Any way you look at it, Facebook’s (FB) IPO was a flop.
A week before the May 2012 offering, General Motors yanked its $10 million budget, declaring that Facebook’s ads didn’t work. Investors fretted that the social media company wasn’t making enough money from mobile ads. Regulators pressed the company on its mobile-revenue guidance, which proved controversial. On the big day, technical glitches at Nasdaq delayed the listing, creating mass confusion among traders. The stock closed at $38.23, up less than 1% from where it was priced.
The IPO of Twitter (TWTR), Facebook’s competitor for eyeballs and ad dollars, couldn’t have been more different. When Twitter went public in November 2013, the offering proceeded flawlessly, and its stock ended at $44.90, up 73%.
What happened next proves that for all the fuss over IPOs, they say very little about a company’s value or its future stock price. After a rocky first year, Facebook’s stock climbed precipitously, trading recently at $76. It earned almost $3 billion in profits last year. Its top executives, Mark Zuckerberg and Sheryl Sandberg, remain the toast of the technology industry. In contrast, Wall Street quickly soured on Twitter after its model IPO: Its shares, after rising 282% from its offering price, are back where they started. The investing commentariat has called for CEO Dick Costolo’s head; CNBC’s Jim Cramer said Twitter has an “ABC situation”—as in “Anybody but Costolo.”
Illustration by Nigel Buchanan for Fortune
For investors, perception always has been as big a factor as fundamentals. But the inverse narratives of the Facebook and Twitter IPOs show that over time, performance talks and buzz fades.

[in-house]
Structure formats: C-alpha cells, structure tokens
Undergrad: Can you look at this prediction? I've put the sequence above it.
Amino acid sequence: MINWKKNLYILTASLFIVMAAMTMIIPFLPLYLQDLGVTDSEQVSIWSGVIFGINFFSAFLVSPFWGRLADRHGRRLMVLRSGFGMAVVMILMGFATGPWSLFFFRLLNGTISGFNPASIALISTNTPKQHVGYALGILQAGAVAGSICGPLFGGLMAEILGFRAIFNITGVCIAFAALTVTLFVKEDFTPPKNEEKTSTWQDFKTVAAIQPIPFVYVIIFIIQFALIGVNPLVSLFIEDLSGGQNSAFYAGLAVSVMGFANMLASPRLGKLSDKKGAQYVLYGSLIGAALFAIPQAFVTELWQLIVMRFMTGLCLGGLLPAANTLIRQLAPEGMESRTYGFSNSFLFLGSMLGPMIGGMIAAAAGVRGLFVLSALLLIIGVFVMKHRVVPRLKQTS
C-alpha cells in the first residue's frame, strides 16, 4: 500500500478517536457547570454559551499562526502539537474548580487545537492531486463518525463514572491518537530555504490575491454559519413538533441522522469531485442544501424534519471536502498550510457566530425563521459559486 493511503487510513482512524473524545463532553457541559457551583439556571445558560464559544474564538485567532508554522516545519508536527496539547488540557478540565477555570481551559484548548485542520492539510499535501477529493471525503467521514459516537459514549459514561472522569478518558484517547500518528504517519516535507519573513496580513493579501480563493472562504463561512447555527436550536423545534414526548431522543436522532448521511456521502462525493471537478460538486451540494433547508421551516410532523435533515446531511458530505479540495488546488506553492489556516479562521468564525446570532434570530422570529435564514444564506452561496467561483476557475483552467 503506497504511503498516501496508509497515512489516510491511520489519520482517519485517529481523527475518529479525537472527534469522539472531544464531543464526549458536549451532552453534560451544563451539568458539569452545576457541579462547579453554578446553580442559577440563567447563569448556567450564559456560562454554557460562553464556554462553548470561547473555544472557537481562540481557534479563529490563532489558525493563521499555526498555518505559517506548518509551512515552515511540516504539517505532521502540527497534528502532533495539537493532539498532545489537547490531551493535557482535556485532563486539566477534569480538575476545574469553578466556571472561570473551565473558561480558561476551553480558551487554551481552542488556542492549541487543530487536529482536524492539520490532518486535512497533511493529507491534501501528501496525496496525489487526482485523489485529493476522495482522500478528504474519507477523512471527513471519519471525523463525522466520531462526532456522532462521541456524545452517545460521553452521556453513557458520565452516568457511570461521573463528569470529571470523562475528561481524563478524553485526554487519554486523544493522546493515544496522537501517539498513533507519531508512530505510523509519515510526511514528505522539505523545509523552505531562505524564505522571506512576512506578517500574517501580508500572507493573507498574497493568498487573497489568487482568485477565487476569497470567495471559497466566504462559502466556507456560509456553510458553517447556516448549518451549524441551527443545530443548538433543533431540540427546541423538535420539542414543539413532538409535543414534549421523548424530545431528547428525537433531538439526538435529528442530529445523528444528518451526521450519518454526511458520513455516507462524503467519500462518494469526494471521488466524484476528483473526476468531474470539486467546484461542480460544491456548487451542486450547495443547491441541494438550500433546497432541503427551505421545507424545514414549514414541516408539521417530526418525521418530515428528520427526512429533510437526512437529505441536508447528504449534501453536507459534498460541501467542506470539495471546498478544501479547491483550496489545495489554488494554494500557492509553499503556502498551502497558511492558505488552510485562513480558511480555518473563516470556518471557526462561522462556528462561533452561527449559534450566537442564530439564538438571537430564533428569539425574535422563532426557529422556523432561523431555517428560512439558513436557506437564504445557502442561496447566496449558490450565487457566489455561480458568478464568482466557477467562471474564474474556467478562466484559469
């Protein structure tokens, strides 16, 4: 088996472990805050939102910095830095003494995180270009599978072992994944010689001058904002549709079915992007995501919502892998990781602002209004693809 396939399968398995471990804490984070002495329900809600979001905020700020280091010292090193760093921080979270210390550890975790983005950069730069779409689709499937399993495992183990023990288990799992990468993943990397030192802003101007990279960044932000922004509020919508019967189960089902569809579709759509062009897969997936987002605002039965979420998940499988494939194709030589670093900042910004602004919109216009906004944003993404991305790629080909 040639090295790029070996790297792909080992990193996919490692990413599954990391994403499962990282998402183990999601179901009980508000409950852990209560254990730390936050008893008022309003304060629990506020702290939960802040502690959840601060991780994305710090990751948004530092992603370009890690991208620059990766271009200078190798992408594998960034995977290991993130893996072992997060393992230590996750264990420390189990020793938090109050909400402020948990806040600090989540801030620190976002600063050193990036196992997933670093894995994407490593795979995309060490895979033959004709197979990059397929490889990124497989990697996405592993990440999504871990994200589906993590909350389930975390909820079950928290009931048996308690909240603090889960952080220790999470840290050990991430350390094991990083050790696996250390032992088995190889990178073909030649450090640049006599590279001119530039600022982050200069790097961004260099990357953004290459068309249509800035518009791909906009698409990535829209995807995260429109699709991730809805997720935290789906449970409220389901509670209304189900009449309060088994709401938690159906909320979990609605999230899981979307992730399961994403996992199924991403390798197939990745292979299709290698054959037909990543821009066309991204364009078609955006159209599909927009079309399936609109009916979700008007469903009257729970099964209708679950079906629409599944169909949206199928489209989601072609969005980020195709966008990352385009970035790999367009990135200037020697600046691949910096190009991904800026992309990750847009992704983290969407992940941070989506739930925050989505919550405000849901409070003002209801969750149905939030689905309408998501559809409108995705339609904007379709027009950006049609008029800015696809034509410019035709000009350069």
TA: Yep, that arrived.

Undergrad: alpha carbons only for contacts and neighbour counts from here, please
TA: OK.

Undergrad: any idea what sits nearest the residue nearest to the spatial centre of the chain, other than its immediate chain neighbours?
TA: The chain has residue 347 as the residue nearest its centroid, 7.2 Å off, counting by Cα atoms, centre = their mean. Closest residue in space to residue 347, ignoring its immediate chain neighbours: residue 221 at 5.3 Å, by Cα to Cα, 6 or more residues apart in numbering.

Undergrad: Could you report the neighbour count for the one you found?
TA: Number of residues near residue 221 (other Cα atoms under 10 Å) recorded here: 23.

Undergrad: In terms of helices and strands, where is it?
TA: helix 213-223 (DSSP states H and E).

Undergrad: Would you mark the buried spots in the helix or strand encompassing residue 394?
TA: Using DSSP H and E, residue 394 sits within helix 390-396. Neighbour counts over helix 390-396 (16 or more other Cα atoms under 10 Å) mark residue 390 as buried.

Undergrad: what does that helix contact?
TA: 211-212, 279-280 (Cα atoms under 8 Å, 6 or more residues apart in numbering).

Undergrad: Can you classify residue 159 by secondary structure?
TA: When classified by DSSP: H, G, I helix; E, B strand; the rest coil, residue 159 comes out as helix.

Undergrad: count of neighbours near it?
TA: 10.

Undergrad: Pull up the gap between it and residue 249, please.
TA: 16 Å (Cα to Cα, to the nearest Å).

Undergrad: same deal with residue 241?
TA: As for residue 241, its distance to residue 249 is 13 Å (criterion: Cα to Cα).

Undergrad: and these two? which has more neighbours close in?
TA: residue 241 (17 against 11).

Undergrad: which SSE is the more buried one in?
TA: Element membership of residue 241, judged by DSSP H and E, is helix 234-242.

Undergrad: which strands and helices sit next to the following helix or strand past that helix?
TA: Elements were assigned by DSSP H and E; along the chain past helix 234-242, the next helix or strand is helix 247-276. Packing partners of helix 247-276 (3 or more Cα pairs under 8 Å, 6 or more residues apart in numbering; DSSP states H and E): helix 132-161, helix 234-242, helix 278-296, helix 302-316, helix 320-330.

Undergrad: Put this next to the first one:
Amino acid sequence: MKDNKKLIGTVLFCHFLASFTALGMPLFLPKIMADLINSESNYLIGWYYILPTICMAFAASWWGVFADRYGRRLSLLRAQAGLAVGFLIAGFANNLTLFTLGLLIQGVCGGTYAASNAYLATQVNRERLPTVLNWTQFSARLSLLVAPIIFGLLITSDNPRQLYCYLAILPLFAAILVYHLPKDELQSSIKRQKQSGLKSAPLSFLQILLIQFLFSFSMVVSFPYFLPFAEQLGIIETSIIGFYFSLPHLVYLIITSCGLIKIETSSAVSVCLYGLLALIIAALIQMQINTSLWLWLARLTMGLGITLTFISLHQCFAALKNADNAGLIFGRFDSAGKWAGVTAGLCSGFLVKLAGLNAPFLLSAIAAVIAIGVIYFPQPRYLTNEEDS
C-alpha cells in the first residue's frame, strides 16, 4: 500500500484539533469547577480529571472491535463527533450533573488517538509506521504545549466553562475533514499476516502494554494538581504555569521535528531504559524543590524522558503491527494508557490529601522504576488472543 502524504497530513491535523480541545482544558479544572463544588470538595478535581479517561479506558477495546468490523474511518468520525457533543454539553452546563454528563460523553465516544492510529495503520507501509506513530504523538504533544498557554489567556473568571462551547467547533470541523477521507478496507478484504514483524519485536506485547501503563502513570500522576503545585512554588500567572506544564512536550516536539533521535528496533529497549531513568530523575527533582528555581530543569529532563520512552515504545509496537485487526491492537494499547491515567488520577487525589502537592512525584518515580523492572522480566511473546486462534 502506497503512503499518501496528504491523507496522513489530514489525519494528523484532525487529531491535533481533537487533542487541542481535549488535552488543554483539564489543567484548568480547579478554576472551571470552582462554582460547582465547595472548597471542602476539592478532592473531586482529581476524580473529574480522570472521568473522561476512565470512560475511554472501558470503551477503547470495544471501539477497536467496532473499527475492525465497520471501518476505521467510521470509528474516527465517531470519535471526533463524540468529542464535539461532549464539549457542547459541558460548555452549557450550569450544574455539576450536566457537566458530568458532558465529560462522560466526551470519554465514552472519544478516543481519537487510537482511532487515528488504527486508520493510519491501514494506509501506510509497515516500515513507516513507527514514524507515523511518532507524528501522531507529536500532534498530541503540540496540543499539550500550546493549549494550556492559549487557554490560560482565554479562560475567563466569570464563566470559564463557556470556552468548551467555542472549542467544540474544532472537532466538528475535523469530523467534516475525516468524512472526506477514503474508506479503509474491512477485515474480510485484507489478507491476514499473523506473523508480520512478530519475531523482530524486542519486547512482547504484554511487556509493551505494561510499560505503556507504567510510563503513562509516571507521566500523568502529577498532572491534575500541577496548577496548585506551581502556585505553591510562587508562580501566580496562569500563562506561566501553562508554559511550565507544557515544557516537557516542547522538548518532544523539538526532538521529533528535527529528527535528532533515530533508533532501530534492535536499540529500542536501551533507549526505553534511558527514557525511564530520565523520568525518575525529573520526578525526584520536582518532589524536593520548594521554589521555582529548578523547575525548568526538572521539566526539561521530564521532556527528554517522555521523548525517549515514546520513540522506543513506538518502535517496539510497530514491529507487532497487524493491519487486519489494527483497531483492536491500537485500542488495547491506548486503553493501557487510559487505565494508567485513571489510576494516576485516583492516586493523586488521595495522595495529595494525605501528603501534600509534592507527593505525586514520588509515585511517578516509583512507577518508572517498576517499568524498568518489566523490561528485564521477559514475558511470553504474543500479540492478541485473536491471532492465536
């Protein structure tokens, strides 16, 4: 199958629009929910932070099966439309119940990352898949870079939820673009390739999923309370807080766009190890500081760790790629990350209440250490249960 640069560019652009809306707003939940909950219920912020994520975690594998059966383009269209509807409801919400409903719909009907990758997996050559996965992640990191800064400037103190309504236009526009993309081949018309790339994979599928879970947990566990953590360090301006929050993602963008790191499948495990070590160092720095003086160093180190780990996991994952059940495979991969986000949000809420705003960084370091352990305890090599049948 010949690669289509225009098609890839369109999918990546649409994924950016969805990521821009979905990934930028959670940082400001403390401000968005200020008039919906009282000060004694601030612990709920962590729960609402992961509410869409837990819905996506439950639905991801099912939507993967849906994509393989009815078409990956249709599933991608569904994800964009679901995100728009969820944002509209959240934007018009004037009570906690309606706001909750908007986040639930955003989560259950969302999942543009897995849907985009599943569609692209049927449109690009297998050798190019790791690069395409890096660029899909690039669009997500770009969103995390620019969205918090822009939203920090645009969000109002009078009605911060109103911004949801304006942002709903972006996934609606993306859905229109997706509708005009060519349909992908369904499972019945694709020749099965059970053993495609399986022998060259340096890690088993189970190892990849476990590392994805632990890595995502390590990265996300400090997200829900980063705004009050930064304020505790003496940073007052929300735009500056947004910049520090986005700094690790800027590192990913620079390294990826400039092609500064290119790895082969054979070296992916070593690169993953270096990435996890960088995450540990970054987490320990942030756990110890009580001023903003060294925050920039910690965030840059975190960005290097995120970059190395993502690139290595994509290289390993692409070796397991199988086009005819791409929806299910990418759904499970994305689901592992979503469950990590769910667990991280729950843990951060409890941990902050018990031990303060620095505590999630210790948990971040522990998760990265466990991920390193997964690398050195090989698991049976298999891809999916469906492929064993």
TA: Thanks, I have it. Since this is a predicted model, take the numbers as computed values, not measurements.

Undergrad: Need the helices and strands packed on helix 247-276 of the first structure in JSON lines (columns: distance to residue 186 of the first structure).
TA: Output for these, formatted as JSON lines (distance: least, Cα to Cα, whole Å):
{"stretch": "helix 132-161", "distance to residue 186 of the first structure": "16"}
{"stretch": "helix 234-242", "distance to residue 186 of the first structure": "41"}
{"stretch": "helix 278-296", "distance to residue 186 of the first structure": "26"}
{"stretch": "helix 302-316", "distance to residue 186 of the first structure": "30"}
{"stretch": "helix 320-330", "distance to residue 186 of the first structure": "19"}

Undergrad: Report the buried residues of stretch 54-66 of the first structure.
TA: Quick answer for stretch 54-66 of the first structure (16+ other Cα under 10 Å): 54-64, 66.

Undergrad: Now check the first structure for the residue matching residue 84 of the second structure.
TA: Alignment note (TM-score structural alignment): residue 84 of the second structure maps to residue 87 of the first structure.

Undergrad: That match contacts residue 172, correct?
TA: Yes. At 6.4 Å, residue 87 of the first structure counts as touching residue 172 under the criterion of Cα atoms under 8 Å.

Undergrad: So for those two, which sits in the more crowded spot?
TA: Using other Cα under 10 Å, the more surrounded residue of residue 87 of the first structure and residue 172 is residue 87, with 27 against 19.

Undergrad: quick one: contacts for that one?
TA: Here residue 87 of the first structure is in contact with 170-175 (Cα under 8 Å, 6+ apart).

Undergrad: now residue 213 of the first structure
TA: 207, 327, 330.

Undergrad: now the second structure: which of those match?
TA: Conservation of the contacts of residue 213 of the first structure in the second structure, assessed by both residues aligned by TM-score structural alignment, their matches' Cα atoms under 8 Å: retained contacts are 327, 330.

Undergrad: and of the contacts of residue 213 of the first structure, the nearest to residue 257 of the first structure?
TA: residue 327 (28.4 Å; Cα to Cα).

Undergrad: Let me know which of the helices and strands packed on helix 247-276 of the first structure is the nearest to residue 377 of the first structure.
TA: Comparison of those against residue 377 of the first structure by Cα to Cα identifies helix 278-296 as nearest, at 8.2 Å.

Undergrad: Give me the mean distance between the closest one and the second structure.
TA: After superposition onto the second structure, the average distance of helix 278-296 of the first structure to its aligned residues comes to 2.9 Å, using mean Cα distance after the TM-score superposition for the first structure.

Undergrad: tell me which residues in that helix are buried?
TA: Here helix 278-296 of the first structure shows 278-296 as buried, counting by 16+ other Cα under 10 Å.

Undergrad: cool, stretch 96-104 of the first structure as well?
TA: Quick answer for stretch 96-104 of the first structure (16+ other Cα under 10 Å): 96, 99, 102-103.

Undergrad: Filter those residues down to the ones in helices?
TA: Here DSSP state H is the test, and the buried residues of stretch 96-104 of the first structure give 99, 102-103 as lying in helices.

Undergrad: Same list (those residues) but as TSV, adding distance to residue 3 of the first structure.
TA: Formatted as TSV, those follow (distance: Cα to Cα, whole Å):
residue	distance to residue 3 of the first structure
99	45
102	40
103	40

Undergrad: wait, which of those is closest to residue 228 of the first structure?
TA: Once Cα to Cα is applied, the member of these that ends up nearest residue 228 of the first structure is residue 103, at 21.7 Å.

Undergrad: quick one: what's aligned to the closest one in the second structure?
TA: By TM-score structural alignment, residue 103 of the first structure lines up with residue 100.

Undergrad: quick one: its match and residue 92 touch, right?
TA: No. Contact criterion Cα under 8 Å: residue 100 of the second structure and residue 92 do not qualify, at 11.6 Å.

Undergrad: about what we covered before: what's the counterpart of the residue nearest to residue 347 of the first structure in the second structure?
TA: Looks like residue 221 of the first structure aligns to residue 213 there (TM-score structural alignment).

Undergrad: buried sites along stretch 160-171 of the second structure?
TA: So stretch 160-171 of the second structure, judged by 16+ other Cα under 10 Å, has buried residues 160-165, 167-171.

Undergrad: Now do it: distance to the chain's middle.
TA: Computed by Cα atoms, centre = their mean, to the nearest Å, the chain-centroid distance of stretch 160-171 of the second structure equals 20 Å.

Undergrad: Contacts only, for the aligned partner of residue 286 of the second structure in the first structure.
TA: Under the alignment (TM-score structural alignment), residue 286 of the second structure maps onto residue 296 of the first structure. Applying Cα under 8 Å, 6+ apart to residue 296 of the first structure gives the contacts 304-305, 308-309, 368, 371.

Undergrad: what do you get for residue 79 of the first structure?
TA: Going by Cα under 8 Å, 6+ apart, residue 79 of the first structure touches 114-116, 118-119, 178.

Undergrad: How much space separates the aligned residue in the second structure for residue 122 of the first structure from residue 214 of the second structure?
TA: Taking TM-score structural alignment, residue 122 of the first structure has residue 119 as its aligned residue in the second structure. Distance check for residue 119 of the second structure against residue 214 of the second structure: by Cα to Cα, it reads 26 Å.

Facebook did have a problem with its mobile business in 2012. At the time of its IPO, Facebook generated no meaningful revenue from its rapidly growing pool of mobile -users. Today the company has fixed it convincingly: Mobile represented two-thirds of Facebook’s $12.5 billion in revenue last year. An aggressive turnaround was more meaningful to investors than the technical failings of the exchange on which it chose to trade its shares.
Twitter’s IPO may have gone smoothly, but problems began to pile up soon afterward. Despite rapidly accelerating revenue, the rate that Twitter added monthly active users slowed—less than 4%, to 241 million, in its first quarter as a public company, and as low as 1.4% in a recent quarter—worrying investors that Twitter might not be the mainstream product that its soaring valuation promised. (Just 36% of Twitter users access it daily, according to Pew, well below the 70% for Facebook.) The departure of top executives in 2014—COO Ali Rowghani, CFO Mike Gupta, and several vice presidents—further spooked investors.
Worst of all, Twitter has failed to clearly define what it is. “I’ve heard Dick Costolo use characterizations that were anywhere from a town square to a series of concentric circles,” says Scott Kessler, an analyst with S&P Capital IQ. “There’s confusion inside and outside of the company on whether it’s a tech or media company.” Much like turnaround-mode Yahoo.
Twitter may finally be pulling itself together. Its latest quarterly results, reported in February, included higher-than-expected revenue, shrinking losses, a spate of product launches, intriguing new partnerships, and a plan to monetize “logged-out” users—people who engage with Twitter content elsewhere online. Wall Street responded positively, rewarding Twitter with one of the biggest single-day gains its stock price has ever experienced.
It’s the kind of buzz that Costolo and company can probably get behind.
This story is from the March 1, 2015 issue of Fortune.